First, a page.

In the crowd, rumors circulated that the girl had died and the suspect's punishment was only 20 years in jail. Having seen Coe brought in earlier, the crowd decided he was guilty. Rumors flew around Omaha that the girl had died, the guilty party was in jail, and was only going to be punished with 20 years' incarceration.
The next day, a mob of several hundred to 1,000 men formed in downtown Omaha early on Saturday, October 10, and overwhelmed the police at the courthouse. Councilman Moriarty drove his cane through a window and led the men against the courthouse. Leaders drove Coe to the assumed victim's house in the Near North Side neighborhood to be identified by the parents. The mother immediately said she had seen Coe roaming around the house, although she would not swear that it was he.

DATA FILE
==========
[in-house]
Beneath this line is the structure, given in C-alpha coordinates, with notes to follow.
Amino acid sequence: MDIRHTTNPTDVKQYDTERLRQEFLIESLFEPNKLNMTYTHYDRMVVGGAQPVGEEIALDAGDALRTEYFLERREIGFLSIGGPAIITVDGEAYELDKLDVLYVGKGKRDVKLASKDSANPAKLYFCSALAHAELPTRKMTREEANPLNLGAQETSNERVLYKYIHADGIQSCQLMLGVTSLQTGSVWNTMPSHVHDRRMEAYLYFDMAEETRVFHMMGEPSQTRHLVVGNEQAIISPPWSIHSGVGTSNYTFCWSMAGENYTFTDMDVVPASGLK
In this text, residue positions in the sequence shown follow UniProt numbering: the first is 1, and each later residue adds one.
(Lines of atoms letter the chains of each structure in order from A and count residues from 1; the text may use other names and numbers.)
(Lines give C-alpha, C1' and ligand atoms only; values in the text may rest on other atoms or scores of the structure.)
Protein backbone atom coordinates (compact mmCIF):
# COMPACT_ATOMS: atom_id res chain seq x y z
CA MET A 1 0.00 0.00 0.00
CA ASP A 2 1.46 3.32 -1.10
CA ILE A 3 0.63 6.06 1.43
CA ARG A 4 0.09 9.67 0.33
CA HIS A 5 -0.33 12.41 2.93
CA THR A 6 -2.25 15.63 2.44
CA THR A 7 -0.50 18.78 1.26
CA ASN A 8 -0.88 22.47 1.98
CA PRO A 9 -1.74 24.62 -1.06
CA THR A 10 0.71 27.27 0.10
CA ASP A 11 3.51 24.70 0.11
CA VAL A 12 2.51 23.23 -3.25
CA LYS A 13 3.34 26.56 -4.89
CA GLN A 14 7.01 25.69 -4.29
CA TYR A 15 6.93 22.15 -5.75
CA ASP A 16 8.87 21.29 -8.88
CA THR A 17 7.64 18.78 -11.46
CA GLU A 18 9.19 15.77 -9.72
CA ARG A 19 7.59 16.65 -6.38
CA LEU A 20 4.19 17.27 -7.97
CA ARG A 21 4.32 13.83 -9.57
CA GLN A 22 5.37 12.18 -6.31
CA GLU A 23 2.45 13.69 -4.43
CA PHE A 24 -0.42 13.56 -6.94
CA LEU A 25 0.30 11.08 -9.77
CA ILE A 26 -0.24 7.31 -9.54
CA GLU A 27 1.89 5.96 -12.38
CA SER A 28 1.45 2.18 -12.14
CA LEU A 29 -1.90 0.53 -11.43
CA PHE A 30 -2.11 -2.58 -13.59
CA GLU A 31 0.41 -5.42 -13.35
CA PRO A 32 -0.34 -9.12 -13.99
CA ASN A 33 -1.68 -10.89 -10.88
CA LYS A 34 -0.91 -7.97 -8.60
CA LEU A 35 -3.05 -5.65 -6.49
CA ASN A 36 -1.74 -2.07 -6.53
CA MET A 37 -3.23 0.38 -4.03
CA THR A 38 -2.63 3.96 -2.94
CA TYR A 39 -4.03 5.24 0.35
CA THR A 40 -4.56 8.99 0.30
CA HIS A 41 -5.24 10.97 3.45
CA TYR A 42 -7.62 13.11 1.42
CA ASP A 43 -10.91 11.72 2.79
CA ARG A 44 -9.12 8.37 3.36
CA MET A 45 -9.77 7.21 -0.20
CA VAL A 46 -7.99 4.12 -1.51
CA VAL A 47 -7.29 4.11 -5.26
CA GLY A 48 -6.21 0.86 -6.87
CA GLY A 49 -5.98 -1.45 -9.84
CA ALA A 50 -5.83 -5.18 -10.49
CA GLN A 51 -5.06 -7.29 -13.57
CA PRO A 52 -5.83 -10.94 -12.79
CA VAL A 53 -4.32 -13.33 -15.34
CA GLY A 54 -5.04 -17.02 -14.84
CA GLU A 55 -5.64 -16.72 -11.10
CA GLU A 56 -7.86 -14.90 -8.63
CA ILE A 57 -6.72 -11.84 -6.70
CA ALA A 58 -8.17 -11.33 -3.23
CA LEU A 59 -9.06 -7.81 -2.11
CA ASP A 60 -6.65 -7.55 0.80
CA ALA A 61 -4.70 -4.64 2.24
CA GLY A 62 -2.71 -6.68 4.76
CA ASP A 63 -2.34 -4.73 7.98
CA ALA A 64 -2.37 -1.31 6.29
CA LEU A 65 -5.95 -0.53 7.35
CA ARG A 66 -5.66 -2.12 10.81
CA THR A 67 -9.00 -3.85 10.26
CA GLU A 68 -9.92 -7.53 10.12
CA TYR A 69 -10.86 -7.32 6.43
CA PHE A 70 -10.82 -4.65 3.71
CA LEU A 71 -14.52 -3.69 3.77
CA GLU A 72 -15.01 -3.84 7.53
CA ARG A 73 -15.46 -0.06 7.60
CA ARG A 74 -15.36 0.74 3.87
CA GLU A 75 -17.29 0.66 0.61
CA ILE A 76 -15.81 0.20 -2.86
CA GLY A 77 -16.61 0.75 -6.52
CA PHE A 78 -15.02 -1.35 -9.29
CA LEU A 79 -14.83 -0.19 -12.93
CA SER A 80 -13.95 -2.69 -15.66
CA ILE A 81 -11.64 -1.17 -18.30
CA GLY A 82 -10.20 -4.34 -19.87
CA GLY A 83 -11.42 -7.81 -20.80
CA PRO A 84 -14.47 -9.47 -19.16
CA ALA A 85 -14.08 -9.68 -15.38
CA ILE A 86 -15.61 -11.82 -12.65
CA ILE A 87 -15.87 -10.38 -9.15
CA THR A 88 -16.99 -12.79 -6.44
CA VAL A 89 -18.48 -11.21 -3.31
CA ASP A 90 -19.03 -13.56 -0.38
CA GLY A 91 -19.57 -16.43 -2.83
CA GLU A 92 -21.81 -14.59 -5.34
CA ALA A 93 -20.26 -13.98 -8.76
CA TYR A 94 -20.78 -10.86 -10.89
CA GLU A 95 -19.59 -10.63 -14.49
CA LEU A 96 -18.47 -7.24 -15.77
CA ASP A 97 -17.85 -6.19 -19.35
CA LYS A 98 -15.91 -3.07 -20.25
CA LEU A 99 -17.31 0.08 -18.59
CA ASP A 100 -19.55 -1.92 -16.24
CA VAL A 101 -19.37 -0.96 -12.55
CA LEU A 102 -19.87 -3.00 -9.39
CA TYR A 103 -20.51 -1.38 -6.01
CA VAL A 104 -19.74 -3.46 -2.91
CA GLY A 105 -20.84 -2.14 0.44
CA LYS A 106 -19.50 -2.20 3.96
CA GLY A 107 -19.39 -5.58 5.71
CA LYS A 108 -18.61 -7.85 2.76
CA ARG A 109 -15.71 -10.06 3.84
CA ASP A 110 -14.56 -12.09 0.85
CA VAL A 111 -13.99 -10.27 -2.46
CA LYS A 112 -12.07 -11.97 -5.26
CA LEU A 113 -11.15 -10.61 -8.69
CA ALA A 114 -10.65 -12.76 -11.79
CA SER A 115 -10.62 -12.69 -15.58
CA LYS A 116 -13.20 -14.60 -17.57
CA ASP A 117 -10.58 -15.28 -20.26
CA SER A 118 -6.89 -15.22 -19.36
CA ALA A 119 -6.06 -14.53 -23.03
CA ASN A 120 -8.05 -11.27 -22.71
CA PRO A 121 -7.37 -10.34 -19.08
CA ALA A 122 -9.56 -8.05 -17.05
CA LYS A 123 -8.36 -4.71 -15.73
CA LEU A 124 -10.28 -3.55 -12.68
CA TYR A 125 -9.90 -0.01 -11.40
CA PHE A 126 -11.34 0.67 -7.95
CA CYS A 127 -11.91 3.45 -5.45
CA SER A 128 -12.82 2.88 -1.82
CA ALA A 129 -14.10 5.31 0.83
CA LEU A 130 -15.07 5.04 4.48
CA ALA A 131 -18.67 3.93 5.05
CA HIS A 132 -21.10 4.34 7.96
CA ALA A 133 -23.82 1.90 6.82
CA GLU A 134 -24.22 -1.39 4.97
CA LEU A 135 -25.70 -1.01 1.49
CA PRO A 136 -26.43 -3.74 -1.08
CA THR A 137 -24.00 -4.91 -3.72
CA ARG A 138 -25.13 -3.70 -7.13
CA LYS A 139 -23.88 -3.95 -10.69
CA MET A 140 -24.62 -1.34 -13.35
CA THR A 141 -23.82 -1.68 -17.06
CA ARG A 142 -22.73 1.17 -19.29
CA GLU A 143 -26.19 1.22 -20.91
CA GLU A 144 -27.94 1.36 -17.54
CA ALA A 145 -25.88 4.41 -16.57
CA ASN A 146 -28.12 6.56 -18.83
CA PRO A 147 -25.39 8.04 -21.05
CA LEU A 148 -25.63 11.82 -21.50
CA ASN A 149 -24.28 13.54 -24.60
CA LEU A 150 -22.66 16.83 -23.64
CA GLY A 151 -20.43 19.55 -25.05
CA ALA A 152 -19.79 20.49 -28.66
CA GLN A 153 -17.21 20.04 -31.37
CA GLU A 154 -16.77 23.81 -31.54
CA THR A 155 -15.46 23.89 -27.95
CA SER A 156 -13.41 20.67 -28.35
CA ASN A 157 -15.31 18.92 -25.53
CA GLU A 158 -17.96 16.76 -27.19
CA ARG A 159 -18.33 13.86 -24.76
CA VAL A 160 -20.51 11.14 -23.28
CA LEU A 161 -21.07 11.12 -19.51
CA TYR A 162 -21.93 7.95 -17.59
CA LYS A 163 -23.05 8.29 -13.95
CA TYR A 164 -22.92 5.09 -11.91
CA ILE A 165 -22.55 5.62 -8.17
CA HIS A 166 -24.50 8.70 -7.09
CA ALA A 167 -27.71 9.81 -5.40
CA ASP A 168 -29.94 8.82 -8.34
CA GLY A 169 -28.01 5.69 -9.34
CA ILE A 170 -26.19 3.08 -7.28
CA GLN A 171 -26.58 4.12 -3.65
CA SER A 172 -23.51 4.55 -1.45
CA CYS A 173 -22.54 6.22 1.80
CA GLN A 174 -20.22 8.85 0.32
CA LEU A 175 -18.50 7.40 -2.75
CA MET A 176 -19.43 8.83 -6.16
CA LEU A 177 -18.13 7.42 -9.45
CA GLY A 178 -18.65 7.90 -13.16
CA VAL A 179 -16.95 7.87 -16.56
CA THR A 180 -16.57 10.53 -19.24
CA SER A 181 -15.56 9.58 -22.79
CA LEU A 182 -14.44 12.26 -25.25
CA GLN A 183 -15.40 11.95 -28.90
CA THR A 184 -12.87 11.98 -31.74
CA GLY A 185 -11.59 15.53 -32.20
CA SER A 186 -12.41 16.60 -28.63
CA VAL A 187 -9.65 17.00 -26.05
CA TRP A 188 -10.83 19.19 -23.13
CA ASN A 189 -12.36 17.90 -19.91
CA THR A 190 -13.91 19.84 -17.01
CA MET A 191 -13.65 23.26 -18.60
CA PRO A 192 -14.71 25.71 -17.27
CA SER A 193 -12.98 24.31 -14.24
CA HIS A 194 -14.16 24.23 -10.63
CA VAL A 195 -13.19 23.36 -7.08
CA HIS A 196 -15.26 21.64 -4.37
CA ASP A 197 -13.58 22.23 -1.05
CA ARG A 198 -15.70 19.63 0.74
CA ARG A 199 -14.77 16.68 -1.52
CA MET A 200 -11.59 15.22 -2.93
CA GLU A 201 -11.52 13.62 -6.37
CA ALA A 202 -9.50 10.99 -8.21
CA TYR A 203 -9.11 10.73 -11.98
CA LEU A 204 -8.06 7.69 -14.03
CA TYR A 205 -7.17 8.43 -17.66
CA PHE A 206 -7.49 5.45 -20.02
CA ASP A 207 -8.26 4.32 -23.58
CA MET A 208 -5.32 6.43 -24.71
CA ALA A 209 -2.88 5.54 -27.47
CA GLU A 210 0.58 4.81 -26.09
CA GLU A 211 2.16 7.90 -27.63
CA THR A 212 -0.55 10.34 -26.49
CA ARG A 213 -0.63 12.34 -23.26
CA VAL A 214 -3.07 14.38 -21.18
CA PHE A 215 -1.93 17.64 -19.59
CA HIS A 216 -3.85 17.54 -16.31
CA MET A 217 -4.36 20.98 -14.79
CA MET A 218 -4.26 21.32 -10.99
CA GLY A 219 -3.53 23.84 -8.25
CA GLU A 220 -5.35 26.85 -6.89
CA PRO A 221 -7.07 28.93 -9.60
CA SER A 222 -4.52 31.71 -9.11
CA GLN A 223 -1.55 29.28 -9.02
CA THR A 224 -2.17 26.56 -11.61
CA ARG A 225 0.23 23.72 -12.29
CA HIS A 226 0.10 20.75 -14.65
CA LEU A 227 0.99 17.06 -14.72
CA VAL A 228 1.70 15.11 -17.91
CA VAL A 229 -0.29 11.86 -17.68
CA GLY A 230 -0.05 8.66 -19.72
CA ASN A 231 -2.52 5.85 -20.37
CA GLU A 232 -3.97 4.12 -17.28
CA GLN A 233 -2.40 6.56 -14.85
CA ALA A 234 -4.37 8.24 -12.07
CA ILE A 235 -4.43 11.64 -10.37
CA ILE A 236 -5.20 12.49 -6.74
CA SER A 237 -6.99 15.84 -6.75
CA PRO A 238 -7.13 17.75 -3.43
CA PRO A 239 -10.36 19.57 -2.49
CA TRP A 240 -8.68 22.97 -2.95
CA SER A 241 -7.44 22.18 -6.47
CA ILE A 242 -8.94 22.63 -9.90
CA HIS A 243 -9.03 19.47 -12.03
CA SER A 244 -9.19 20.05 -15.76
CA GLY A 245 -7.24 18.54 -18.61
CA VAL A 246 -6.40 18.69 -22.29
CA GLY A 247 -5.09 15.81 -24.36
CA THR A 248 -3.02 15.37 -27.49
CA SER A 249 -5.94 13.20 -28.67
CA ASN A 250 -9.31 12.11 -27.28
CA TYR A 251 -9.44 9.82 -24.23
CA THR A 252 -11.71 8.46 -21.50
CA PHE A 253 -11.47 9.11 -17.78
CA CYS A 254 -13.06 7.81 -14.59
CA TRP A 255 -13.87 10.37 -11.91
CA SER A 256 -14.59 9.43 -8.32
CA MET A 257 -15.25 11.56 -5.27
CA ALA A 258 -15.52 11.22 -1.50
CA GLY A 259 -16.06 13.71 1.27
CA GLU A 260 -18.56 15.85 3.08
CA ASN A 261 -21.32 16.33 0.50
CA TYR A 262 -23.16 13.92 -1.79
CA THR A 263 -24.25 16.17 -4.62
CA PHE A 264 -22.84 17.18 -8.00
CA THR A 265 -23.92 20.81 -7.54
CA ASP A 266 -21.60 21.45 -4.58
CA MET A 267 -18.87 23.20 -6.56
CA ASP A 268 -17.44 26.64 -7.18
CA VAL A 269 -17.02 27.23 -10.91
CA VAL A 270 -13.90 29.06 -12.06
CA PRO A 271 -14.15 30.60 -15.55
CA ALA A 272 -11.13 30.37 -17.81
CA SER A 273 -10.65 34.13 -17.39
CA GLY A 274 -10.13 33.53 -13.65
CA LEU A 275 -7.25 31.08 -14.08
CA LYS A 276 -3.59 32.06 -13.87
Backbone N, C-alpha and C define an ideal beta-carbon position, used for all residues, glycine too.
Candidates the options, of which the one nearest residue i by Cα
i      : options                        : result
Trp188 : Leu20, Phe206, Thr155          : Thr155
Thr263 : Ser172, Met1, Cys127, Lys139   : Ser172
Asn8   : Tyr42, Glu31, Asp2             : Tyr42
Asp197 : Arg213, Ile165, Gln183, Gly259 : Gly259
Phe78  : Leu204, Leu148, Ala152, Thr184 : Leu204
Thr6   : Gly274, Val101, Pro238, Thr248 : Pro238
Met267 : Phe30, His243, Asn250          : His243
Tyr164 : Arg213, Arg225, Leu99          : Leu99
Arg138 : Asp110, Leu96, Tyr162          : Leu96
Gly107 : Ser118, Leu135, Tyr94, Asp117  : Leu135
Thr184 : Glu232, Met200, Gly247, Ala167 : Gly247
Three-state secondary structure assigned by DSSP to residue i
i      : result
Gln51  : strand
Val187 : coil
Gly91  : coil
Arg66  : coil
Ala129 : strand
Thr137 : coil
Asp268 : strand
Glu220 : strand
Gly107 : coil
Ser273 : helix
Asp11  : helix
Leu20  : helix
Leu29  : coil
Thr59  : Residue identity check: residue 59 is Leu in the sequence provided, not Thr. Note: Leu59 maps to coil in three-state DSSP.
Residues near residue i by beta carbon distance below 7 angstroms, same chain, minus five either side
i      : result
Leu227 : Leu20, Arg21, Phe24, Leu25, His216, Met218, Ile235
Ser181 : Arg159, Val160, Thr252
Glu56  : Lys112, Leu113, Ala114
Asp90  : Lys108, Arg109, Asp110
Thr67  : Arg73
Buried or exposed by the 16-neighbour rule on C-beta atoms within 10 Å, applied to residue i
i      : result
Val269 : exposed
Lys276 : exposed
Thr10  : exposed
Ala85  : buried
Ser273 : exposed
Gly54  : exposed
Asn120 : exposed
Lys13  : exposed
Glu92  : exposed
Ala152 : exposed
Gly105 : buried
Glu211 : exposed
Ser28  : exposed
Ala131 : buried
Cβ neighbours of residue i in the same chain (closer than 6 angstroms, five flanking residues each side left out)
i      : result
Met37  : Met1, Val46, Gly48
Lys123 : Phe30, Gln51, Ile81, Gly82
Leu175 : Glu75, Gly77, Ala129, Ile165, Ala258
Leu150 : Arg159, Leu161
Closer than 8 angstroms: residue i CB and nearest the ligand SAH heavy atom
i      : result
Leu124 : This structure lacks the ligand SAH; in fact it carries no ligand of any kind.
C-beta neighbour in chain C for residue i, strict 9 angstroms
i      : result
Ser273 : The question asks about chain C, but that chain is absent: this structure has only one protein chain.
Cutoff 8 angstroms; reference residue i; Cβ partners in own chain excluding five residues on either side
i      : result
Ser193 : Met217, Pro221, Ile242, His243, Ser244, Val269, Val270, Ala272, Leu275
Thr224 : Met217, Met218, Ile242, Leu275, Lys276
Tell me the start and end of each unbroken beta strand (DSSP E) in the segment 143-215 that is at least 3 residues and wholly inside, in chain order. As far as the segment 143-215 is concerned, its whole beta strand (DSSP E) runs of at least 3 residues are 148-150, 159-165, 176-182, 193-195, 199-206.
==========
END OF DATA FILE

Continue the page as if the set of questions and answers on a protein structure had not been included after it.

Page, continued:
When the mob brought Coe back to the courthouse to be lynched, James E. Boyd, the governor of Nebraska, and the county sheriff both appealed to the men to disperse. Instead, by midnight a crowd of 1,000 to 10,000 people had gathered at the courthouse. The mob beat Coe and dragged him through city streets. He was probably already dead when he was hung from a streetcar wire at 17th and Harney Streets. Omaha mayor Richard C. Cushing quickly condemned the lynching as "the most deplorable thing that has ever happened in the history of the country.
The following day when Coe's body was set for public viewing at a downtown mortuary, six thousand spectators filed by. Hucksters sold pieces of the lynching rope as souvenirs.
Ten days after the lynching, the Douglas County Assistant Coroner testified in court that Smith died of "fright", rather than of the wounds inflicted on him by the mob. Those wounds included sixteen wounds to his body and three vertebrae broken in his spine. Despite this, the coroner testified, "[T]he heart was so contracted and the blood was in such a condition that the doctor was satisfied that the man was literally scared to death." County Attorney Mahoney said he would have to modify the charges against the lynchers. The grand jury decided not to prosecute.